Second most important pre-requisite for a modern peer-to-peer application is platform-independence. The biggest differences in platforms are the graphical user interfaces, while the underlying structure of operating systems is rather similar. To achieve maximum portability, the core application should be decoupled from graphical user interfaces, which then could be written platform-dependently for each target platform; native user interfaces always perform better than interfaces designed for running on large number of platforms. To achieve this, the core application should not have any interactive graphical user interface of its own at all - it should only provide a protocol through which native graphical user interfaces and other application could communicate with it and control it. The protocol itself should be in human-readable format, but also be easily parse-able for client software; the reason for this would be to allow the possibility of interacting with the protocol directly through simple software like telnet, which would greatly simplify debugging process, but could also be useful even for end users as a crude remote control mechanism.
Related to the above comes the question of programming language to use for writing the core application. At this, C++ would be the most sensible choice, because it is widely used across all platforms and provides fastest code (which is required to achieve low system requirements); it allows (and even enforces) object-oriented design, and is easier to understand than C code. Additionally, since HydraNode strongly relies on module-writers, C++ coders are far easier to find than, say, Java coders.
As mentioned in previous section, quickest way to rapid development process is to give the users free access to the source code of the application; it increases possible developer/debugger-base significantly. Out of the myriad of open source licenses out there, GNU General Public License is most respected among users and developers, so HydraNode source code should follow the trend and be licensed under GNU GPL. Having the source code licensed under GNU GPL also allows us to use the almost infinite amount of existing code freely available through the internet, which could prove as a very useful option.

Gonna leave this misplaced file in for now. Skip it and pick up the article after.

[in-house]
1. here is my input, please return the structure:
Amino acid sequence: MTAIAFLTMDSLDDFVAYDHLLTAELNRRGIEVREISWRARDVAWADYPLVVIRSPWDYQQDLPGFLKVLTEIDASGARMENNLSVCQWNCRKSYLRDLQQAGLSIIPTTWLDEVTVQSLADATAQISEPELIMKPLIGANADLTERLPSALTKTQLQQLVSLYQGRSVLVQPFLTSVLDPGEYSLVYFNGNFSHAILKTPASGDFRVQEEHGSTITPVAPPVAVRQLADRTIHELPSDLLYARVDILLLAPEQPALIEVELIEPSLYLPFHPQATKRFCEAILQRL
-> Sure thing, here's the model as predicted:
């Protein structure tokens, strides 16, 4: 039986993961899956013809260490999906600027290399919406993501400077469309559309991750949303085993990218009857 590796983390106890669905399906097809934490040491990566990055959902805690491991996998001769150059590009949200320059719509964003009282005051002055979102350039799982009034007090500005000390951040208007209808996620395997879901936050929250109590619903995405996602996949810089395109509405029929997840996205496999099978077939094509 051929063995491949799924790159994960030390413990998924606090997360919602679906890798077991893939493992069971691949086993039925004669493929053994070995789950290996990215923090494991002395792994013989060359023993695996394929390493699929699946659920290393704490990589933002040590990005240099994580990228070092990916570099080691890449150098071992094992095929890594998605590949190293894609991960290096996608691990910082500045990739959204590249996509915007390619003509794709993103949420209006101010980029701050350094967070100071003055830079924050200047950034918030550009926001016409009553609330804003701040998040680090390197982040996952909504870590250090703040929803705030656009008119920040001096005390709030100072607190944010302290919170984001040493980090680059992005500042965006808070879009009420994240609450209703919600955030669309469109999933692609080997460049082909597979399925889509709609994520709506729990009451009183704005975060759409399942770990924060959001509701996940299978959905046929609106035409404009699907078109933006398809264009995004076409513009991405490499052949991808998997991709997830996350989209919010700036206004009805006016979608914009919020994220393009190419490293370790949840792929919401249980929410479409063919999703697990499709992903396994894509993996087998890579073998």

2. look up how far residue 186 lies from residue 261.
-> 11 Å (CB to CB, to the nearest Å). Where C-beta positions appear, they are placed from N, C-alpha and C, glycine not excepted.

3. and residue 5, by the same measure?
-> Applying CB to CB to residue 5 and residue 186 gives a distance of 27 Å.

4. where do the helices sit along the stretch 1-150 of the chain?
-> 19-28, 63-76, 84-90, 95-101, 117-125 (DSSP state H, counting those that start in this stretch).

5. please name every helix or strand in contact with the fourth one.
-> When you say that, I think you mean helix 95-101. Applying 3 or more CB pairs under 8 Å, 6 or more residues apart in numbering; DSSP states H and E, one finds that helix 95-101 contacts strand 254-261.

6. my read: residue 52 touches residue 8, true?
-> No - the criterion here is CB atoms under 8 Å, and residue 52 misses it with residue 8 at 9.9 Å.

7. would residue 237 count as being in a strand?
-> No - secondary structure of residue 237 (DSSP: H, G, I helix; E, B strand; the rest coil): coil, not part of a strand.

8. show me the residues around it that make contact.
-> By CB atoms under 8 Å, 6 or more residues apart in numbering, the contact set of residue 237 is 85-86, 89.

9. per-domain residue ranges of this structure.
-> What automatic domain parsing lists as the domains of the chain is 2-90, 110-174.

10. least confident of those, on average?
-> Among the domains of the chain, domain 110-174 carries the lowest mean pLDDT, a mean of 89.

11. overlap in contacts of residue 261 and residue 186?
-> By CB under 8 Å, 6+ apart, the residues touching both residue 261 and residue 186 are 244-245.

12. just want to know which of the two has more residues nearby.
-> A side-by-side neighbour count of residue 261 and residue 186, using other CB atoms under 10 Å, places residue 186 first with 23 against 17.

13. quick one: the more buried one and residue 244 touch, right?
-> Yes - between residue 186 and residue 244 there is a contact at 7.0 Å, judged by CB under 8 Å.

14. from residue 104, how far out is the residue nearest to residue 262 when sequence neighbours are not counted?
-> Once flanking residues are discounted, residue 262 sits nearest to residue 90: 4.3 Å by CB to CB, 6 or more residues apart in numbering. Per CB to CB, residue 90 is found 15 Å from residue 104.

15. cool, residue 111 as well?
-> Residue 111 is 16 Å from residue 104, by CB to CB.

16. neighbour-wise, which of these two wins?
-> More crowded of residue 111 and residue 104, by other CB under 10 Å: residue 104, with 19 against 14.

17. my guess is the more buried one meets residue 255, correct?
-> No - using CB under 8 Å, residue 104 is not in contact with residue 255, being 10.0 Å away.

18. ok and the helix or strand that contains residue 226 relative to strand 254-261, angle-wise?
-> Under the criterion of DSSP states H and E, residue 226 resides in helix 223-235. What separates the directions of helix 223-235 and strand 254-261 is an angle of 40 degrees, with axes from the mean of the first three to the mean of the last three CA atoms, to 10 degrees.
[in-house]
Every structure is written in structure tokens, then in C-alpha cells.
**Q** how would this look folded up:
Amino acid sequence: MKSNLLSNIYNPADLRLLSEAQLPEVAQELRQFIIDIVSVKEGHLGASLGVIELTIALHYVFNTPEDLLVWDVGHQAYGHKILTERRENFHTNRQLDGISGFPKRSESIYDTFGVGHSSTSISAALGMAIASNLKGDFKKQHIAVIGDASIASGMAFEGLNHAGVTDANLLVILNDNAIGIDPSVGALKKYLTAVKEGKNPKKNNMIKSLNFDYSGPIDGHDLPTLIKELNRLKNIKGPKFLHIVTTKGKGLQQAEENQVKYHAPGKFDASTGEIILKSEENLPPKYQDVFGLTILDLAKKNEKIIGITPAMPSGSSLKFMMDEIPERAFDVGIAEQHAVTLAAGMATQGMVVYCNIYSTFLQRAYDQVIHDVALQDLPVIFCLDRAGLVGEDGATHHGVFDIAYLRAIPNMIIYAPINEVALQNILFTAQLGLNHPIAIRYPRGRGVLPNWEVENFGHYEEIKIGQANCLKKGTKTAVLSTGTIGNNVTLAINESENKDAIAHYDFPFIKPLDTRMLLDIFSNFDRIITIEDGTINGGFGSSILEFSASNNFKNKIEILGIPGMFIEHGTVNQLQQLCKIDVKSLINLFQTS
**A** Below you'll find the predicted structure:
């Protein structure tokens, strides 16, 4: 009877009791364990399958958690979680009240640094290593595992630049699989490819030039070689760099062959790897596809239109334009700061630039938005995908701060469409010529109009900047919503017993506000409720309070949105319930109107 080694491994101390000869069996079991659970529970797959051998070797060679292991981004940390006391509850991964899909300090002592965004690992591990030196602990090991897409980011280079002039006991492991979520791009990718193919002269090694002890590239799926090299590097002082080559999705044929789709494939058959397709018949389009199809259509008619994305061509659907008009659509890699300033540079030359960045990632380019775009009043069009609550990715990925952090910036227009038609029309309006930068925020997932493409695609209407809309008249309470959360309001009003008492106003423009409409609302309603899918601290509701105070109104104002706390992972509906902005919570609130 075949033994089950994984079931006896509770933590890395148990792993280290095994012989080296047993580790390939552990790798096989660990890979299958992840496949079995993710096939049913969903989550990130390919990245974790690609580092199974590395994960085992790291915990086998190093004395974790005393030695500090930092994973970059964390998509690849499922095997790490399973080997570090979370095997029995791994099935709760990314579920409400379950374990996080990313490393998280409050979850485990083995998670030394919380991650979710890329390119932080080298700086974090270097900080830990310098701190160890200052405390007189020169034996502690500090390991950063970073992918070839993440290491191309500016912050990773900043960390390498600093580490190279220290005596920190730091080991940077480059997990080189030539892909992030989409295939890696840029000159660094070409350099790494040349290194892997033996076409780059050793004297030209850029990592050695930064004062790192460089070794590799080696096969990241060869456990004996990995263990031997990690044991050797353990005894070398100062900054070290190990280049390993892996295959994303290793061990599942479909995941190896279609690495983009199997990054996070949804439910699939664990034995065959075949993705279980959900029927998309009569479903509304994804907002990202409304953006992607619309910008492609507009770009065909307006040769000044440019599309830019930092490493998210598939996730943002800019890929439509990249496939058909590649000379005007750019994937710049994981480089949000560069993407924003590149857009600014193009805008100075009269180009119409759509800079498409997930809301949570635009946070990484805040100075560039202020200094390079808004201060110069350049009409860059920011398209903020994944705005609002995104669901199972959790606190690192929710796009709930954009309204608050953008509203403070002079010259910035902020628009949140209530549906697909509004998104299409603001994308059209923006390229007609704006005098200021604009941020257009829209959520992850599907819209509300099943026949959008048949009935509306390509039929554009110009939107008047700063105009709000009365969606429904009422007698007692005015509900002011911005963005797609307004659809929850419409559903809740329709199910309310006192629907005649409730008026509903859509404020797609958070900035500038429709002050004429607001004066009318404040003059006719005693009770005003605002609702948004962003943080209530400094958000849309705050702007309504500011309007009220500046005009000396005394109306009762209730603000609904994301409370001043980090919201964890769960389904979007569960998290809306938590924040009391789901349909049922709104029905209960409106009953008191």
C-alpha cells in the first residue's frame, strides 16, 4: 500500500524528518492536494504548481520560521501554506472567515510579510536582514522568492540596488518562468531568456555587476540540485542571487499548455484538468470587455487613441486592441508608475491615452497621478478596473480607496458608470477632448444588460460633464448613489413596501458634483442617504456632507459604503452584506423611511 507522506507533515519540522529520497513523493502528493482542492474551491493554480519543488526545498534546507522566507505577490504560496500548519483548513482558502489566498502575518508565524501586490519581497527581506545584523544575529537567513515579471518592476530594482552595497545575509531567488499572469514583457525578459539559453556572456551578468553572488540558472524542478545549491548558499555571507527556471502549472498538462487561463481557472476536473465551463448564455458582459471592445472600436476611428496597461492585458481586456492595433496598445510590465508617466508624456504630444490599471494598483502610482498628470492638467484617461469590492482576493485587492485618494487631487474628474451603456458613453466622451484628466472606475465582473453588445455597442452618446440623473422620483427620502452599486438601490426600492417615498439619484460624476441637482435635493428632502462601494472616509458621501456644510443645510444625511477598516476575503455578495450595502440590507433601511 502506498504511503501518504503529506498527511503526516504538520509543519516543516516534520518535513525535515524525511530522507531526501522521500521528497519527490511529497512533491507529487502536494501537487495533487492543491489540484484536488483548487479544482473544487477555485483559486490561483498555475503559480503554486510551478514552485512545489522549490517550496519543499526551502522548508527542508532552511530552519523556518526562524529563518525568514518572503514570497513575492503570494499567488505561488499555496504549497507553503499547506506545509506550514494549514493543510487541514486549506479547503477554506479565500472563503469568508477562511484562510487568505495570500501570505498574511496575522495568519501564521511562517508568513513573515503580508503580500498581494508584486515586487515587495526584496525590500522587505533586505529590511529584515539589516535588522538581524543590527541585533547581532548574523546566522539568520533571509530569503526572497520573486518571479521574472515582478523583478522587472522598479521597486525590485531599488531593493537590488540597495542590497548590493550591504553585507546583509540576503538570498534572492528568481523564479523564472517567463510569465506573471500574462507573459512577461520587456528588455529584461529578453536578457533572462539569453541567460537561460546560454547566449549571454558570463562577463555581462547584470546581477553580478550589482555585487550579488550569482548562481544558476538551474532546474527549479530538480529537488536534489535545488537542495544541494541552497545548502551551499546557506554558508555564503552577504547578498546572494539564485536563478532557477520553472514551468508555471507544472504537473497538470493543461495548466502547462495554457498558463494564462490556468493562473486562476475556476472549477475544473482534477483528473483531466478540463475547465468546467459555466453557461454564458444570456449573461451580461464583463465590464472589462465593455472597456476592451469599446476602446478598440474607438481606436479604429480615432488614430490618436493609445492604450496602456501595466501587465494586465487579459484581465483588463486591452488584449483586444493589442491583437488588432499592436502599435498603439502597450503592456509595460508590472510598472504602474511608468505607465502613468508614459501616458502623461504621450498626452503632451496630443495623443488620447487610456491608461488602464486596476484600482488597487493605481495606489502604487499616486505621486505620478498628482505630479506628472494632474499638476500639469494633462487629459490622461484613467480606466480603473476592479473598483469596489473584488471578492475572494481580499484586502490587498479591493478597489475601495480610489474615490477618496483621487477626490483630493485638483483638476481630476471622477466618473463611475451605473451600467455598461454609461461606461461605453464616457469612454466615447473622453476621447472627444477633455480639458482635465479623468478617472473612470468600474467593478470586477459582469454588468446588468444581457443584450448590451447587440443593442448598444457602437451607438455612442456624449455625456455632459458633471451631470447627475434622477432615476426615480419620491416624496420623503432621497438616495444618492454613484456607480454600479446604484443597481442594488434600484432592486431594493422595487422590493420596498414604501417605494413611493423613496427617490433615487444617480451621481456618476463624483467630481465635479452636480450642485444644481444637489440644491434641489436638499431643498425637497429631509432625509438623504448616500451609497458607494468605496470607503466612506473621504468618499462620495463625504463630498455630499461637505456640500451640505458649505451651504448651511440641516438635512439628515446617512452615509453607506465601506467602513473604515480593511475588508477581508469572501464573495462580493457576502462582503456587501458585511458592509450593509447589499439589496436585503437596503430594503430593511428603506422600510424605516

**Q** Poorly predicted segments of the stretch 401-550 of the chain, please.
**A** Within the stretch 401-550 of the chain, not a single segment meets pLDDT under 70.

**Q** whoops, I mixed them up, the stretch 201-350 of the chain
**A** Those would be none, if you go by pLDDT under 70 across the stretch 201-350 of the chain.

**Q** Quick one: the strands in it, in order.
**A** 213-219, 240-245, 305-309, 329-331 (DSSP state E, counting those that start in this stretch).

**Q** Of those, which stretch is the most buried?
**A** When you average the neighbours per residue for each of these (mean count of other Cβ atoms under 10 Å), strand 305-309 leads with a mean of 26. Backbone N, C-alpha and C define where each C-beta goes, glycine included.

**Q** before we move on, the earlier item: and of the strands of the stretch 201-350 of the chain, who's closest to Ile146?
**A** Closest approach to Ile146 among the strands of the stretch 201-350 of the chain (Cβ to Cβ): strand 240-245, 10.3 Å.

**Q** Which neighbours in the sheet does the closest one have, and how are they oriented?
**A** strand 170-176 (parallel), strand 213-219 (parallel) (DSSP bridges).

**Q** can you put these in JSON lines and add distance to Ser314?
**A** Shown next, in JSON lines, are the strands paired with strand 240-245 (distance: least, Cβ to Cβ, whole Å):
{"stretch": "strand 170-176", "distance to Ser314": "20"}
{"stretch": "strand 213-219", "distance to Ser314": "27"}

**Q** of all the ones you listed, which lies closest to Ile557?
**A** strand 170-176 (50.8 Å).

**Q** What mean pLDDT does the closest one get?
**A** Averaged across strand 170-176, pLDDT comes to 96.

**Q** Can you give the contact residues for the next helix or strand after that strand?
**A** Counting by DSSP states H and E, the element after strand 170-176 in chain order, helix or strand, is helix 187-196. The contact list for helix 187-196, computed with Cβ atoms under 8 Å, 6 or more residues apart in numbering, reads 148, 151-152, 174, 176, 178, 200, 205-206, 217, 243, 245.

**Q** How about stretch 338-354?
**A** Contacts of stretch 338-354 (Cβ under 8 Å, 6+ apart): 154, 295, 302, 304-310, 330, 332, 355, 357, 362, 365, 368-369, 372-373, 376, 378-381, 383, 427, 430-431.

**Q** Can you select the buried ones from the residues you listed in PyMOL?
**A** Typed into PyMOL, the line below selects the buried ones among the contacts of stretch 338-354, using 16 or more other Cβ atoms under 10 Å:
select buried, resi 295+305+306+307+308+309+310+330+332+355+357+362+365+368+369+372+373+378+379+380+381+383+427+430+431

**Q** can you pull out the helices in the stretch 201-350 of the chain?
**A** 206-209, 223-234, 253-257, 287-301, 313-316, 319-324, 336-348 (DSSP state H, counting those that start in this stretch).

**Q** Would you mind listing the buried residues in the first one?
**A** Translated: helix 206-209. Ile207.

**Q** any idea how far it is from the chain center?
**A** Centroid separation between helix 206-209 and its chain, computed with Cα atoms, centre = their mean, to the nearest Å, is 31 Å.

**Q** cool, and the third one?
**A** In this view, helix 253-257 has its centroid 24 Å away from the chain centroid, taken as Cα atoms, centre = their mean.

With the fore-seeable future of large number of co-developer base, it is necessary to clearly define the coding standards for the core application. Coding style is very personal; having large number of developers modifying the code will quickly lead to a mix of different styles and personalities, which in turn makes the code less readable, and thus less maintainable. There are several widely accepted coding standards floating around, and for this project we have chosen to use Linux Kernel coding standard; while originally written for C, the concepts still mostly hold for C++. Source code, however, is worth nothing without correct documentation which would give the future co-developers hints on what the original developers had in mind while writing/designing the application. Again, there several widely accepted documentation standards, out of which perhaps the most common is Doxygen-style. The reason behind this is that Doxygen is capable of extracting documentation from source files and generating web pages out of it, which can give a very quick and extensive overview of the entire application at a glance - something future developers will greatly appreciate.
The privacy of the user should be a serious concern for any modern peer-to-peer application developer; there are several institutions which tend to have a habit of spying upon the users and invading their privacy. The simplest solution would be to block the IP addresses of those groups; even better solution would be to simply stay off their radar. The first part can be implemented within the core application since it controls the low-level networking functionality; second part can be implemented by networking plugins depending on the specific networks.